The anterior lip of the cervix is grasped with a single tooth tenaculum well outside the transformation zone, so as not to interfere with the excision. If room allows, a tenaculum placed on the posterior cervical lip is also helpful. In women with an abnormally shaped cervix (eg, “fish mouth” cervix), the specimen may need to be removed in pieces. The tenaculum is moved from one location to another to facilitate this. Although many surgeons recommend the placement of absorbable sutures at the three and nine o’clock positions just below the cervicovaginal junction (sutures placed too deeply may be cut during excision) this has not been shown to be the optimal technique.

A vasoconstrictor solution may be injected into the cervix now, if there are no medical contraindications (eg, hypertension). Use of the solution reduces intraoperative blood loss and thereby improves operative exposure, allowing the surgeon to do a more controlled and accurate cone biopsy. We use 20 to 30 mL of vasopressin (0.5 U/mL) or 1:200,000 epinephrine solution injected with a 1.5-inch, 21-gauge needle circumferentially deep into the dense cervical stroma, just lateral to the planned line of resection.

A long-handled scalpel with a #11 blade is used to make a circumferential incision just lateral to the outer limit of the transformation zone. Starting posteriorly, the scalpel blade is inserted to the desired depth and direction (in general, slightly toward the endocervical canal). Using a very slight sawing motion (more like pushing) to keep the scalpel at the same depth and angle, the desired circular incision is completed. A uterine sound may help guide the path of the incision when a significant portion of the endocervical canal must be removed; care should be taken not to traumatize the endocervical canal.


An Allis clamp is used to gently grasp and manipulate the partially released specimen, being careful to avoid the mucosal surfaces. Mayo scissors are used to complete and deepen the incision as necessary. The specimen is then removed by cutting across the remaining base with Jorghenson scissors. The residual endocervical canal is then curetted.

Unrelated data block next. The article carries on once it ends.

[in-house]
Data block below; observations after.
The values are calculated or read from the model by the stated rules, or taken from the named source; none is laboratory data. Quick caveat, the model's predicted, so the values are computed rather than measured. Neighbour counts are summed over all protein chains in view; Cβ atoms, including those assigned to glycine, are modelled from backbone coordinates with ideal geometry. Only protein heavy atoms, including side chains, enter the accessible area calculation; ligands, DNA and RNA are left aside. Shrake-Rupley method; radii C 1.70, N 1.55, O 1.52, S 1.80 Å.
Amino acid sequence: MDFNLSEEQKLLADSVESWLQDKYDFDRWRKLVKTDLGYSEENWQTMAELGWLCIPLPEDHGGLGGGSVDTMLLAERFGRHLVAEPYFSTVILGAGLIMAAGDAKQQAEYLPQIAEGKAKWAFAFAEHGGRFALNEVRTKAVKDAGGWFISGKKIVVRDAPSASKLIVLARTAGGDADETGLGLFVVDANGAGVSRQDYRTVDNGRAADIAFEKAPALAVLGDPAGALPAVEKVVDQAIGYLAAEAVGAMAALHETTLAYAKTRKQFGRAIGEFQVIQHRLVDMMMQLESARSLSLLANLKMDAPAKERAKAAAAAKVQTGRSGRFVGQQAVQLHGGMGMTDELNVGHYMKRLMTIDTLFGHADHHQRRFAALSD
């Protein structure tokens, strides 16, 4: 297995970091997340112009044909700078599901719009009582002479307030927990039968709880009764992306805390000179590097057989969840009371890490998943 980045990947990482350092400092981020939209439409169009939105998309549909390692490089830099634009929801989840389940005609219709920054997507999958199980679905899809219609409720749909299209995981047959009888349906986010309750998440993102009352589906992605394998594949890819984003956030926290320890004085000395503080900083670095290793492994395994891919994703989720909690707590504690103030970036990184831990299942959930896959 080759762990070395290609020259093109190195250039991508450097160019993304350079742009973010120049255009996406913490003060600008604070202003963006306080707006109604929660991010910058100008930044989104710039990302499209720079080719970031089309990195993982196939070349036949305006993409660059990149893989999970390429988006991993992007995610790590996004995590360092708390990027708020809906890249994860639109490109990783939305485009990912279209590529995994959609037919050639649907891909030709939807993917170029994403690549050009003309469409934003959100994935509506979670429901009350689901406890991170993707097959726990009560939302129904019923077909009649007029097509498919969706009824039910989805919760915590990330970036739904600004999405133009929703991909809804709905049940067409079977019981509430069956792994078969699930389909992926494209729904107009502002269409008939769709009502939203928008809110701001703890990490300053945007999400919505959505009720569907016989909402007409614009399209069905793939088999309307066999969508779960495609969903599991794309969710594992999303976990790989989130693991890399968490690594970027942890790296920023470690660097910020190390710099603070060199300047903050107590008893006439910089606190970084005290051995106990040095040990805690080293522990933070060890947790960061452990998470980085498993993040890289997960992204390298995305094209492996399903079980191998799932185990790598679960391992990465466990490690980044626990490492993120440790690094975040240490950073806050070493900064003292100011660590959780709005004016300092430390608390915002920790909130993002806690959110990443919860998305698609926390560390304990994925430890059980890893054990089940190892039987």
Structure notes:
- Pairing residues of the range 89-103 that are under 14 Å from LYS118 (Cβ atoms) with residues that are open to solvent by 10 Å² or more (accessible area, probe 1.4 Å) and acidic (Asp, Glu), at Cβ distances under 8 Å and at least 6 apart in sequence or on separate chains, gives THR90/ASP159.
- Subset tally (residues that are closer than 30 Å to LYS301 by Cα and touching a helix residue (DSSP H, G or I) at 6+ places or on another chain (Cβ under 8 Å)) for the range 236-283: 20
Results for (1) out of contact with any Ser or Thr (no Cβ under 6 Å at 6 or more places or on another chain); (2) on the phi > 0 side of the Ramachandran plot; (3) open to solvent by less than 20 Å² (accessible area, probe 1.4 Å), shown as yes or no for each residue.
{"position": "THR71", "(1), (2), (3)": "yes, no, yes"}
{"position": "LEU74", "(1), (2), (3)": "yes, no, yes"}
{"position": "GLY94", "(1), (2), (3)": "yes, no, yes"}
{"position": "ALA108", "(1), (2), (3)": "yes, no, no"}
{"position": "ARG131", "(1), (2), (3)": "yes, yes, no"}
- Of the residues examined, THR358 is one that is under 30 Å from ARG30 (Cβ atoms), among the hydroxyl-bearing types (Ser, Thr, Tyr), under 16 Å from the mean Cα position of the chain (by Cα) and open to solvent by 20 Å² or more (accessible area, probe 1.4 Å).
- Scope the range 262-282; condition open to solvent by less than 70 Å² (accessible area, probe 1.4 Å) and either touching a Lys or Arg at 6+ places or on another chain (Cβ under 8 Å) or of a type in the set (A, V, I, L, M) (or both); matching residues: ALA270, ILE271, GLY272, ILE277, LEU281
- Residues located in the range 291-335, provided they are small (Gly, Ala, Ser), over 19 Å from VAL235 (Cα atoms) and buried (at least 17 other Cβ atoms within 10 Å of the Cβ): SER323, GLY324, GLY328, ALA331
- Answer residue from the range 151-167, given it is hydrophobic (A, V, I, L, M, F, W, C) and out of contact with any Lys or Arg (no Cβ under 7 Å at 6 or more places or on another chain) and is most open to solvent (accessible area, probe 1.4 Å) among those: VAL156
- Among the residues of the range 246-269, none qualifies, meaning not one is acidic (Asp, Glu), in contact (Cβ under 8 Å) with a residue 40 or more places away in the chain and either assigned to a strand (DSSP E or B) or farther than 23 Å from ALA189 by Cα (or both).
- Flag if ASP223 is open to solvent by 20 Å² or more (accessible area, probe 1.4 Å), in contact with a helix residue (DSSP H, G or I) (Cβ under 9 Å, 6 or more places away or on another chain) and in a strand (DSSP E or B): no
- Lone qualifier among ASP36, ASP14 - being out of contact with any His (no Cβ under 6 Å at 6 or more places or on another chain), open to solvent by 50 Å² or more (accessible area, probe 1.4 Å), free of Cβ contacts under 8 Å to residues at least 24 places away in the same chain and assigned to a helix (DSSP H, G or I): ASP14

Routine dilation and endometrial curettage is unnecessary, except in women in the menopausal transition and postmenopausal women, those with abnormal glandular cytology, and women who otherwise have factors placing them at risk of endometrial pathology, such as abnormal bleeding. In those patients in whom dilation and curettage is indicated, the conization is done first to preserve cervical architecture.

Optimal management of the cone bed is not well established. A variety of suture techniques have been described, such as a modification of Sturmdorf type sutures. We use these sutures when there is significant bleeding from the cone bed or when a large cone biopsy has been taken. There is some concern, however, that sutures placed into the cone bed may interfere with healing. Another hemostatic measure is to firmly place in the cervix a tampon or rolled gauze soaked in ferric subsulfate solution; the pack can removed by the patient pulling the string in 12 to 24 hours.

Alternatively, an open cone bed technique can be performed. This procedure is approached by obtaining spot hemostasis with electrocautery. A long, narrow piece of oxidized cellulose (eg, Surgicel) is then carefully packed into the cone bed and secured by tying the two lateral cervical sutures across the midline over the surgical pack. The patient must be warned that she will pass this pack within one to two weeks. Ideally, the procedure is timed so that menstrual flow does not occur while the pack is in place. The vagina is generally not packed and the patient is sent home the same day or the next morning.

It is useful for the surgeon to measure the width and vertical depth of the cone specimen in the operating room and describe these measurements in the operative note. Measurements taken later, such as in the pathology laboratory, may be inaccurate due to shrinkage of the specimen.

If the cervix has a large defect, care must be taken in that area to not enter the peritoneal cavity with the knife blade. Should this occur, laparoscopy to examine the pelvis may be indicated. Similarly, if the anterior cervix is absent and the blade is felt to have gone too deep, cystoscopy may be appropriate to examine the bladder.